Current U54 partnership Research


A multi-center epidemiologic study
on breast cancer in African-American women.

This is a full project between the three institutions. The principal investigators are Drs. Maureen Sanderson (MMC), Wei Zheng (VICC), and David Shen Miller (TSU). The specific aims of this project are to recruit, interview, and collect one thousand African-American breast cancer cases from Tennessee and South Carolina and to identify one thousand age-matched African-American controls from subjects recruited in the Southern Community Cohort Study (SCCS). Combined with the subjects from the Nashville Breast Health Study and the SCCS, investigators plan to have a total of three thousand African-American cases and three thousand African-American controls to complete the study. The first aim of the study is to evaluate approximately 21 GWAS-identified loci to discover genetic risk variants for the risk of breast cancer in African-American women. In the final aim of their study, they plan to establish a breast cancer risk assessment model for African-American women that incorporates clinical and genetic risk factors.

Molecular mechanisms of Skyp2 targeting in prostate cancer progression.
This is a full project between MMC and VICC and the principal investigators are Drs. Zhenbang Chen (MMC) and Robert Matusik (VICC). The Skyp2 gene encodes a signaling protein, which is believed to play a critical role in prostate cancer progression involving castration-resistant prostate cancer (CRPC), which is extremely aggressive and spreads faster. However, the mechanism of Skyp2 in prostate cancer is not well understood and it is the focus of this project. The investigators will use various prostate cancer mouse models and human prostate cancer cell lines to unearth the mechanisms of Skyp2. The outcomes could lead to development of therapeutic agents, which can block or slow down prostate cancer progression in CRPC patients.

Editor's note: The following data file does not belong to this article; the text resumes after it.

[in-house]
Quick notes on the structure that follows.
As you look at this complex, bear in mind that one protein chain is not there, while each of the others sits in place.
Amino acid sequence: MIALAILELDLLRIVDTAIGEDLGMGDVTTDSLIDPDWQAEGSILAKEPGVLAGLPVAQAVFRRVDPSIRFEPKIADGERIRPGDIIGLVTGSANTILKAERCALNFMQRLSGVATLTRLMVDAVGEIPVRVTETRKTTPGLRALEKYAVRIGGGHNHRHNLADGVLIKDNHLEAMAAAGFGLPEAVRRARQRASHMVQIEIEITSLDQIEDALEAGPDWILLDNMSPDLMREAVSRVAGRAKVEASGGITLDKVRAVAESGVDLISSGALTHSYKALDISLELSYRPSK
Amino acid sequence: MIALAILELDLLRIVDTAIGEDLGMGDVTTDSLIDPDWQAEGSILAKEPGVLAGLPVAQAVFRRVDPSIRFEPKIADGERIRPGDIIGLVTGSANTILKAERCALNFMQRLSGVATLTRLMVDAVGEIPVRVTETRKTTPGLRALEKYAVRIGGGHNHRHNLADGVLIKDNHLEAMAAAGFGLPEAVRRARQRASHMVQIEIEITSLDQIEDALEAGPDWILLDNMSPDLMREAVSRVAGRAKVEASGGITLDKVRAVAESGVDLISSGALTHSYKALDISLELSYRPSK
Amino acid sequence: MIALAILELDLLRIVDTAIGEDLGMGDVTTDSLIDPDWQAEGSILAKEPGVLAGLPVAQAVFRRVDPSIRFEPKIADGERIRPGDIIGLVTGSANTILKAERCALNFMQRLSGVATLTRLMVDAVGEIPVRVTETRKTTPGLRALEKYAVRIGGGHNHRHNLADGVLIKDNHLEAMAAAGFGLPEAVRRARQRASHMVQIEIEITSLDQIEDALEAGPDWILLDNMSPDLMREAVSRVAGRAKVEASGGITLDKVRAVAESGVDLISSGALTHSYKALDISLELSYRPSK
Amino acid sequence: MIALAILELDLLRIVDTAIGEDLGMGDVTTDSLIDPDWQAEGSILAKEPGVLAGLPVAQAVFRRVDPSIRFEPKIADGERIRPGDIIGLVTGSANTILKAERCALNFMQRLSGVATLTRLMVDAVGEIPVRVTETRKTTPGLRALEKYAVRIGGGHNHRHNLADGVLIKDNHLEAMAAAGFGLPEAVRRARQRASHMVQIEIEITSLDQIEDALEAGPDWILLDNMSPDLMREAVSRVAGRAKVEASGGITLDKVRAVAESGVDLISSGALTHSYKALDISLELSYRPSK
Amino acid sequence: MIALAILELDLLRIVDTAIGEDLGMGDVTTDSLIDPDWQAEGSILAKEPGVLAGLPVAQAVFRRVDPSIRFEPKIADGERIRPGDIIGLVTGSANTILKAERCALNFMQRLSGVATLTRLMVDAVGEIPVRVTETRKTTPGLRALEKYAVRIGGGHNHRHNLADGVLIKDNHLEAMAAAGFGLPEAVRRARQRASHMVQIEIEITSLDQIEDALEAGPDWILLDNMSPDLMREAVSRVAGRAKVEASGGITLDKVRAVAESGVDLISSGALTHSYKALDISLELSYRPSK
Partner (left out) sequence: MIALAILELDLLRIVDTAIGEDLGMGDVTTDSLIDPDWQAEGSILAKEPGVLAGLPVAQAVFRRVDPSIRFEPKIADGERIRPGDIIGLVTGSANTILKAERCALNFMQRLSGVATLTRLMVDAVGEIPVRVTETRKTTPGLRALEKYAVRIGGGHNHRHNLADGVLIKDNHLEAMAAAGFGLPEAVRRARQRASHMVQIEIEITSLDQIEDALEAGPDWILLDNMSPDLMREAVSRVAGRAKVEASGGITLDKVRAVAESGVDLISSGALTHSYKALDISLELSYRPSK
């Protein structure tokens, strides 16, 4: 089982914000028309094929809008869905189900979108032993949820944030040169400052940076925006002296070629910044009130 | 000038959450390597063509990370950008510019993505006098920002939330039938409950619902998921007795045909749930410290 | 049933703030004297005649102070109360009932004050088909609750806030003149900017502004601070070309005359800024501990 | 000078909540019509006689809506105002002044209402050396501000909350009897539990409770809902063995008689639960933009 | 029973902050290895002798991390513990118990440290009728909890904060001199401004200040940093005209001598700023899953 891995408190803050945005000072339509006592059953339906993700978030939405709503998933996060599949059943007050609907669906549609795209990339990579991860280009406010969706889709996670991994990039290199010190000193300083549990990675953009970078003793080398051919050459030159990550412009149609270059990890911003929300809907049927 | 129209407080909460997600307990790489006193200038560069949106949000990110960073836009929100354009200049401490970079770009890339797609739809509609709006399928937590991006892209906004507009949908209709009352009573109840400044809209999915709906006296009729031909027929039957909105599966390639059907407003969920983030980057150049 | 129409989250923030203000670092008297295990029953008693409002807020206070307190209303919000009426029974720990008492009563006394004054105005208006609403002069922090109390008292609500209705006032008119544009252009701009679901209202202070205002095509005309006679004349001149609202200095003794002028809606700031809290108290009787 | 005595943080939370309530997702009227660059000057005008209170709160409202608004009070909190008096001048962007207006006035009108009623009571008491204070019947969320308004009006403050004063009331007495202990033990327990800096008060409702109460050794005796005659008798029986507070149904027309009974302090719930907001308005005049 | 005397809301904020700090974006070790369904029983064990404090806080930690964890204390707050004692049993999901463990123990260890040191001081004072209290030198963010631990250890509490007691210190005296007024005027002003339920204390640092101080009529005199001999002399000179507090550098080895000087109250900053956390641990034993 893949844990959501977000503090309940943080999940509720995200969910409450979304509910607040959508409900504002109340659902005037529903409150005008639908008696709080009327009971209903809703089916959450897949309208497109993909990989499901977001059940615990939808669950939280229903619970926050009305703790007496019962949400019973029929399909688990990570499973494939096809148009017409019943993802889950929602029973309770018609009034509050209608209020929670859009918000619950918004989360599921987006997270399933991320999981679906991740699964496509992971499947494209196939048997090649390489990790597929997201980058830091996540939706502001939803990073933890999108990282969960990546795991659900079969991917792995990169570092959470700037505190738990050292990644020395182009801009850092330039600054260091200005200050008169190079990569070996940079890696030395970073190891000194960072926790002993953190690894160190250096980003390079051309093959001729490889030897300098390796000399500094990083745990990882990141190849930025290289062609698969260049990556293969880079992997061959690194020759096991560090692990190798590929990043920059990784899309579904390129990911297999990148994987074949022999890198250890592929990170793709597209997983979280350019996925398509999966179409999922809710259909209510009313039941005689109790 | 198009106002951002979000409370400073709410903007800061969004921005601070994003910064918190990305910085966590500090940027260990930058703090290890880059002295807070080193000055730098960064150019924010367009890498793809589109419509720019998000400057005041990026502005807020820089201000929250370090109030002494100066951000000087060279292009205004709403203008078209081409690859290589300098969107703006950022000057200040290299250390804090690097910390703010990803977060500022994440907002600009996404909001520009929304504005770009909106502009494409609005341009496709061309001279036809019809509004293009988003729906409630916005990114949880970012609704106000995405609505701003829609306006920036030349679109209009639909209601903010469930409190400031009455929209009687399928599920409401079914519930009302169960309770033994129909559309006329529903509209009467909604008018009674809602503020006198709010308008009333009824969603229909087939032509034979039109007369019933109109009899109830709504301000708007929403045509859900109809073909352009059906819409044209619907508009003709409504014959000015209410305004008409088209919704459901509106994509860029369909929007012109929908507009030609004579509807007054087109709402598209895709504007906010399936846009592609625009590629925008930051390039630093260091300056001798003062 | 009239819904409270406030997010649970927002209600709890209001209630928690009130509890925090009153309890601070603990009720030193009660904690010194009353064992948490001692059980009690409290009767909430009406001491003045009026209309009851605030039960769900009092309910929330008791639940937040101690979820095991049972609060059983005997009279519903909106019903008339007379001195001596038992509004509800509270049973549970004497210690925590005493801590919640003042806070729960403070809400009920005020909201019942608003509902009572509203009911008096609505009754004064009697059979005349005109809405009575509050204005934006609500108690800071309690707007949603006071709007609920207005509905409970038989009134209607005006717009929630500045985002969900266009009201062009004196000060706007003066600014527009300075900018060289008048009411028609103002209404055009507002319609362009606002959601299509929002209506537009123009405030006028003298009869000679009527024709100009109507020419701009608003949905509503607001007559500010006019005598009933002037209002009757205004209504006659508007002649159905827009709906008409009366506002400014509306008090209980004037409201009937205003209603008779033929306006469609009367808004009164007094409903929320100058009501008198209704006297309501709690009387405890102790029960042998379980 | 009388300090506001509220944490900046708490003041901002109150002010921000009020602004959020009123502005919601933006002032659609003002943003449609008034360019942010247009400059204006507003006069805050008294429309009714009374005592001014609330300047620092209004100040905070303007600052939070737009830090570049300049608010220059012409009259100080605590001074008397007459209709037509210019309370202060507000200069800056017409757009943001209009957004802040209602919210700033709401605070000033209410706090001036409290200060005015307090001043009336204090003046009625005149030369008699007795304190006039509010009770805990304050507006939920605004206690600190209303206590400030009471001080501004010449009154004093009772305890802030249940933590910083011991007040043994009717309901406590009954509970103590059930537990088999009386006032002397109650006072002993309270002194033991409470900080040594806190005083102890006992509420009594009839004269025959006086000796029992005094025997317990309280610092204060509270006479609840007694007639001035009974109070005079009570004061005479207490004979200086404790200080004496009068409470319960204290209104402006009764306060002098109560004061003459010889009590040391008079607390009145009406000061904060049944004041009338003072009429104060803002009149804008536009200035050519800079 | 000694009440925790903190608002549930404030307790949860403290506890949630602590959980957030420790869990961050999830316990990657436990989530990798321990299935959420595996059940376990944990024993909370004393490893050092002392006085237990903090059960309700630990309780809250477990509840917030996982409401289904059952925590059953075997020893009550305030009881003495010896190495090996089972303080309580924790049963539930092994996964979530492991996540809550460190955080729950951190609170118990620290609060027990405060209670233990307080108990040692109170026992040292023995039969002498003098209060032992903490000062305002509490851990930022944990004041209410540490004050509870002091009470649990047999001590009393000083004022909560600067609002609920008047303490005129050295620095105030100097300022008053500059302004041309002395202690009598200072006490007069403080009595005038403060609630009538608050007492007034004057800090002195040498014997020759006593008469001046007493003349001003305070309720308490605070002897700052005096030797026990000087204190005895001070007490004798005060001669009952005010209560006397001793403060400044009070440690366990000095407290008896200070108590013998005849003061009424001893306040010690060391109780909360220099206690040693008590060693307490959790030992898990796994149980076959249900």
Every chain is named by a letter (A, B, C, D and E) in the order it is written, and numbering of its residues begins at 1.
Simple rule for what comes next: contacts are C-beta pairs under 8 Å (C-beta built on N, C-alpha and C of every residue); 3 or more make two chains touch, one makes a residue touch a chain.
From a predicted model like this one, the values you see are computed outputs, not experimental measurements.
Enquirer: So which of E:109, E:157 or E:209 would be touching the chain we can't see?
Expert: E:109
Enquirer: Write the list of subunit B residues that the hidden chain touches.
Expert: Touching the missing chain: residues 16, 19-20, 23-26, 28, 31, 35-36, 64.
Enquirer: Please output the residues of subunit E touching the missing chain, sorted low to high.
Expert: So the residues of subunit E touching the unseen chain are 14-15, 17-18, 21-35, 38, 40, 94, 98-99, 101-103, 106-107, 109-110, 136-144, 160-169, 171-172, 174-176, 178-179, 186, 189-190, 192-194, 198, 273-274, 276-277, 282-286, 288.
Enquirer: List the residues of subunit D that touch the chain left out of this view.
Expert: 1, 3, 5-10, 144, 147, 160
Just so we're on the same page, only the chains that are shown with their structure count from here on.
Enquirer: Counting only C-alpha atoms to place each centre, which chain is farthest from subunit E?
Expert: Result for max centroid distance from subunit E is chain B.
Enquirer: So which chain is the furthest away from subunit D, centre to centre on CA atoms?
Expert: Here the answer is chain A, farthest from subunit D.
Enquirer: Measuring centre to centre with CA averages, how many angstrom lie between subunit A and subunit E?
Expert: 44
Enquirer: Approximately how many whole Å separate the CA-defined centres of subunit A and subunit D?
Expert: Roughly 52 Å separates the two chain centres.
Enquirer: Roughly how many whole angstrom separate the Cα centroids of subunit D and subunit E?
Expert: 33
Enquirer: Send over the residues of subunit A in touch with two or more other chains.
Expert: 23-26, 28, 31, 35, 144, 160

Increasing HPV vaccine utilization
among African-American girls through social marketing.

The principal investigators are Drs. Maureen Sanderson (MMC), Pam Hull (Vanderbilt), and Elizabeth Williams (TSU). This is a community-based participatory research (CBPR) pilot project between the three institutions and the community-based organizations and community members that serve on our Community Advisory Board (CAB). The main goal of this project is to develop and test the feasibility and impact of a culturally appropriate social marketing intervention targeting African-American girls and their parents to increase utilization of the HPV vaccine series. The outcomes could lead to development of an expanded study to involve large numbers of human subjects. Ultimately, the outcomes will lead to expansion of HPV vaccine utilization among African-American girls.